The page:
Scary GST Stories

For land sold between a GST registered purchaser and a GST registered vendor, the rules that these transactions have GST automatically charged at 0% has been in place since 1 April 2011.  So, a number of scary GST stories has emerged since then.  I've come across a few situations where people have got themselves into costly problems by not getting the right advice up front and only seeking our help after the transaction happened.

One client called me to say that they had purchased a property from Transit NZ for $550 incl gst (if any).  The client then on-sold the property for $580k and through that they had made a quick profit of $26k after paying GST on the profit.  What they overlooked was the fact that Transit NZ was GST registered as they purchase properties to demolish and build roads.  As a result, the initial purchase was zero-rated meaning that client could not claim and GST back on the purchase price.  Yet, the client still had to pay GST on the sale proceeds so the deal actually ended up being a loss of $45k after GST.  Ouch!

The moral of this story is to always double check if the vendor is GST registered and to get advice from us before you sign the contract.

Another client bought and sold a property on the same day for a $10k profit.  They only included the $10k profit as sales in their GST return. 6 months later, the IRD audited the client and said that the full sale proceeds of $250k should have been included and that the client owed another $31k in GST.  The IRD only allowed the GST on the purchase price in the later GST return meaning the client had $4k in penalties and interest to pay.  That's a costly technicality but the IRD will pull you up on this.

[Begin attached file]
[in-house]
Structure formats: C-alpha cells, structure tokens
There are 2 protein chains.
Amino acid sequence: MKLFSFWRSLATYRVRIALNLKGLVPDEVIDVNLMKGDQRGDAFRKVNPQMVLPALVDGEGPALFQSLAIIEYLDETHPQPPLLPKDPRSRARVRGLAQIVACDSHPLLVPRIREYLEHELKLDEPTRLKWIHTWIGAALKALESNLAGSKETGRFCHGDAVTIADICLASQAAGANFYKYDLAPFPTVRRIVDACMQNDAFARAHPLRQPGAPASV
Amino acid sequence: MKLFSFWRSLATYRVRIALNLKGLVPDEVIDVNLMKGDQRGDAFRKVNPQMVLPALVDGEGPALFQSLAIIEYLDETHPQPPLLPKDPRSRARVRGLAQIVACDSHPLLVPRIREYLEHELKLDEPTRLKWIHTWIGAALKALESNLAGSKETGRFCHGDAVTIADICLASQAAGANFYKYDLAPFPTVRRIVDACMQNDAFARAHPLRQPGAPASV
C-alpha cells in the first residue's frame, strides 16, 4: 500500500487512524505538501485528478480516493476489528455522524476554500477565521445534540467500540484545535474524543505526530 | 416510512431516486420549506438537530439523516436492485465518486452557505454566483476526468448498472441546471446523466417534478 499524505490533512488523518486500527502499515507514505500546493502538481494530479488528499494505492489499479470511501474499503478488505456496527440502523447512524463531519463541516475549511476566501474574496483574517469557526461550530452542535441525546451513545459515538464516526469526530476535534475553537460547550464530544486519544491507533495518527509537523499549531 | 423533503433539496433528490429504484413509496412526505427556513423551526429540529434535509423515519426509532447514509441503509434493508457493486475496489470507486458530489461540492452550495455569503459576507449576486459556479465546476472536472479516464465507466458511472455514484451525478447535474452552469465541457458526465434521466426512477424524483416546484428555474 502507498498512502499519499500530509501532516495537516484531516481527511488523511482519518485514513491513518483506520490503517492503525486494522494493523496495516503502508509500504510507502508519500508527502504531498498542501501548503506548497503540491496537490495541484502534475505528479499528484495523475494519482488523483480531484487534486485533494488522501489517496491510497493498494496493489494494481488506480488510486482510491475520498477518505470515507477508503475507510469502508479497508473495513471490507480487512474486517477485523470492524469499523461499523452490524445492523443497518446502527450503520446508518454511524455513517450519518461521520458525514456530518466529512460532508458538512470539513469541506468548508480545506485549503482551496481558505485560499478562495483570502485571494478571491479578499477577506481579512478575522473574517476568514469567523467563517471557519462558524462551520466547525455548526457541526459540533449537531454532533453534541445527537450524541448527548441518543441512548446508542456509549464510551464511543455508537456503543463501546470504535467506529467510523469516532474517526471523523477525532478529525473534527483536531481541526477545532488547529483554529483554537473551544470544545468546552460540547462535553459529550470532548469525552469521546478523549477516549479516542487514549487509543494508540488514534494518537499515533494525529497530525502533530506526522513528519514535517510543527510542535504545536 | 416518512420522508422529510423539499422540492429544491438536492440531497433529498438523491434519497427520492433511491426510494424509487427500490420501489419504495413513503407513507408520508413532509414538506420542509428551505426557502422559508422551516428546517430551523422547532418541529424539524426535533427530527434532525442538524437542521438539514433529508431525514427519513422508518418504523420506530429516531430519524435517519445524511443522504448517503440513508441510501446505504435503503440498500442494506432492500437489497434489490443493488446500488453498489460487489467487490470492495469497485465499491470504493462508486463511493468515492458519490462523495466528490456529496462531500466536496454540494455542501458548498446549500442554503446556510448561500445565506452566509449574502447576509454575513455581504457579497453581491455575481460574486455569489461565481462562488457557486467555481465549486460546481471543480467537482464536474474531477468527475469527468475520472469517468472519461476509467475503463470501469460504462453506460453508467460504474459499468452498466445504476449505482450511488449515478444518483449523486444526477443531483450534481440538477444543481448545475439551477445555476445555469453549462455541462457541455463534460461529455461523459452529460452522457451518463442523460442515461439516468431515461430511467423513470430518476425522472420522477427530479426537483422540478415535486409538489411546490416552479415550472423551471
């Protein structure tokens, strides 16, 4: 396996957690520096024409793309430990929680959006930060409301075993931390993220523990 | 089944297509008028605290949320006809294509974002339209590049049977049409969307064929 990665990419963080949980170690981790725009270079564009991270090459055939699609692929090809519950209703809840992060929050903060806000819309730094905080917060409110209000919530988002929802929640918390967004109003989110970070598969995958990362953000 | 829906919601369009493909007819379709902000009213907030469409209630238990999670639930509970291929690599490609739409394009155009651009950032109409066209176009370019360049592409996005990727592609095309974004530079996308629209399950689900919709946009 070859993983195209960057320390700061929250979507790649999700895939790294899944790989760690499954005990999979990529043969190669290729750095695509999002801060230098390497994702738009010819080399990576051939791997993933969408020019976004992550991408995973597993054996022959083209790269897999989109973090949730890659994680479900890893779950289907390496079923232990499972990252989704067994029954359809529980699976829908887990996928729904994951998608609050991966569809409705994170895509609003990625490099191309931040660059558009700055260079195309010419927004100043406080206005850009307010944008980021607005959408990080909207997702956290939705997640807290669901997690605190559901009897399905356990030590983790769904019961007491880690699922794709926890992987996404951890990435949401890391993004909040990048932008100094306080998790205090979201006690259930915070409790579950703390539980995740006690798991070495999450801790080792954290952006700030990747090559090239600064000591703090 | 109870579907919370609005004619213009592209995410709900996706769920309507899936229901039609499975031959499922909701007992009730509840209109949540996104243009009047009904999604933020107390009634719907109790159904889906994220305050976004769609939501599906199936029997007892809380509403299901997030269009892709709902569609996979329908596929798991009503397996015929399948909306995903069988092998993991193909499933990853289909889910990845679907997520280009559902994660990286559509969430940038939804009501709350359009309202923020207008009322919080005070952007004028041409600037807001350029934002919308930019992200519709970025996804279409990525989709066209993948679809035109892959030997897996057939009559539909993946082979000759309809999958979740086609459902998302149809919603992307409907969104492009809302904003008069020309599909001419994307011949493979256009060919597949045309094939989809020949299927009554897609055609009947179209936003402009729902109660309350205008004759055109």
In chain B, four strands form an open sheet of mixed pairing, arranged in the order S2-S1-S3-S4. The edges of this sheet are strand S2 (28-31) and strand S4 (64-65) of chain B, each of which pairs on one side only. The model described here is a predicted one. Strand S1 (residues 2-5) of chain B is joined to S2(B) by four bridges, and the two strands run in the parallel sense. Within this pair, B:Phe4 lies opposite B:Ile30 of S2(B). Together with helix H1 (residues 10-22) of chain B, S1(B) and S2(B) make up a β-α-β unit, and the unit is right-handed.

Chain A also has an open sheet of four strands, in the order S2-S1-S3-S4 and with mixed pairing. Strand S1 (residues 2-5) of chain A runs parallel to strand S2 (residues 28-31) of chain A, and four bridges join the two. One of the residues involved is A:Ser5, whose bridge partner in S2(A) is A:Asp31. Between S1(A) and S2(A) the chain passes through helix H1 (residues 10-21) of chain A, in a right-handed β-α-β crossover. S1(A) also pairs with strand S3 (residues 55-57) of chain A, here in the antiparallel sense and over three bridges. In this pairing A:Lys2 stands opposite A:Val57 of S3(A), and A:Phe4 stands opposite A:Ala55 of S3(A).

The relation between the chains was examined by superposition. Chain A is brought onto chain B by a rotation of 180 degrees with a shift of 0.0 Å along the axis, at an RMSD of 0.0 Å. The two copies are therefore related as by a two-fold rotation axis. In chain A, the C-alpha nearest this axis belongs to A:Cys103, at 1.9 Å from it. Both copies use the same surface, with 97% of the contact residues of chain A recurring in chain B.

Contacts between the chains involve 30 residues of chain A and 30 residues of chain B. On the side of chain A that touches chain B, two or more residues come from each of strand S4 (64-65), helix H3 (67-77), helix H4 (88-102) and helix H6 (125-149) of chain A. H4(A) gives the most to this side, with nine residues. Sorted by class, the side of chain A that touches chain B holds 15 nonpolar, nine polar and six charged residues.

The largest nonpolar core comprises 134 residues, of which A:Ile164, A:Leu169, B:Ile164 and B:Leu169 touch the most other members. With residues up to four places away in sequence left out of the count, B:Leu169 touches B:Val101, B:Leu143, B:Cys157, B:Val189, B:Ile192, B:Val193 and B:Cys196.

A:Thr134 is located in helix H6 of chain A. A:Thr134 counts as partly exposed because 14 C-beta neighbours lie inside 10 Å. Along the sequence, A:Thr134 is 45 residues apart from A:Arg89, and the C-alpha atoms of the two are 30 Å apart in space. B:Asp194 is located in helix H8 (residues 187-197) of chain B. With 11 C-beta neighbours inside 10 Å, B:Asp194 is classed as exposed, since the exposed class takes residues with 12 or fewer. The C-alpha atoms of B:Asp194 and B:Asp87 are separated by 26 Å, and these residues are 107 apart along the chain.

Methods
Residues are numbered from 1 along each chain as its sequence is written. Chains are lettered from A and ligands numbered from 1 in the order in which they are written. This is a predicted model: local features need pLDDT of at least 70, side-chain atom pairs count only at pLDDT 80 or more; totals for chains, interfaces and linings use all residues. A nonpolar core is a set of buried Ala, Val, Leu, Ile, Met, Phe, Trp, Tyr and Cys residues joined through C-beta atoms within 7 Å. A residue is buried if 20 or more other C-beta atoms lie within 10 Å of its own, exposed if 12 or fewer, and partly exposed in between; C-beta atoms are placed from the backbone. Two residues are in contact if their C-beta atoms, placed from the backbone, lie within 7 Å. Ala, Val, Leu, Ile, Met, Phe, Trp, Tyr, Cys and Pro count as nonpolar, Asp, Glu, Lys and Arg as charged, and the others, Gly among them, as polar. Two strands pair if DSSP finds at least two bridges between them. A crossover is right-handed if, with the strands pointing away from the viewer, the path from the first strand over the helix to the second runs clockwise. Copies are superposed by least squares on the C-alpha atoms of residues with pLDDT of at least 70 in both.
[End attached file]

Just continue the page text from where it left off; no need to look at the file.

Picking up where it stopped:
The moral of this story is to include both the sales and purchases separately in your GST return if you trade a property on the same day.

We also recently took over a client who had previously purchased a property and claimed GST on the basis that is was a property trade.  The property was not sold, was taken off the market and rented out (presumably until the market picked up again).  The IRD audited the client and formed the view that the property was never intended to have been traded so made the client repay the GST that was claimed plus penalties and interest.

The moral of this story is that if you have claimed GST on a property that you have since taken off the market and rented out, that you should consider putting the property back on the market or paying back the GST that was initially claimed.

GST Questions when Buying

To get your GST situation correct when buying a property to trade, these are the questions you should ask yourself (or call us so we can ask them):

  • Are you GST registered?  If no, then you should make sure that purchase price is including GST (if any).  If yes, then go to the next question.
  • Is the vendor GST registered?  If yes, ask yourself how much you would pay for the property if you couldn't claim back any GST.  Make an offer based on that amont plus GST (if any).  If no, then you can make your offer including GST (if any), just be sure to double check that the vendor is not GST registered.

Disclaimer: The above article is general in nature and we recommend you seek professional advice tailored to your specific personal situation.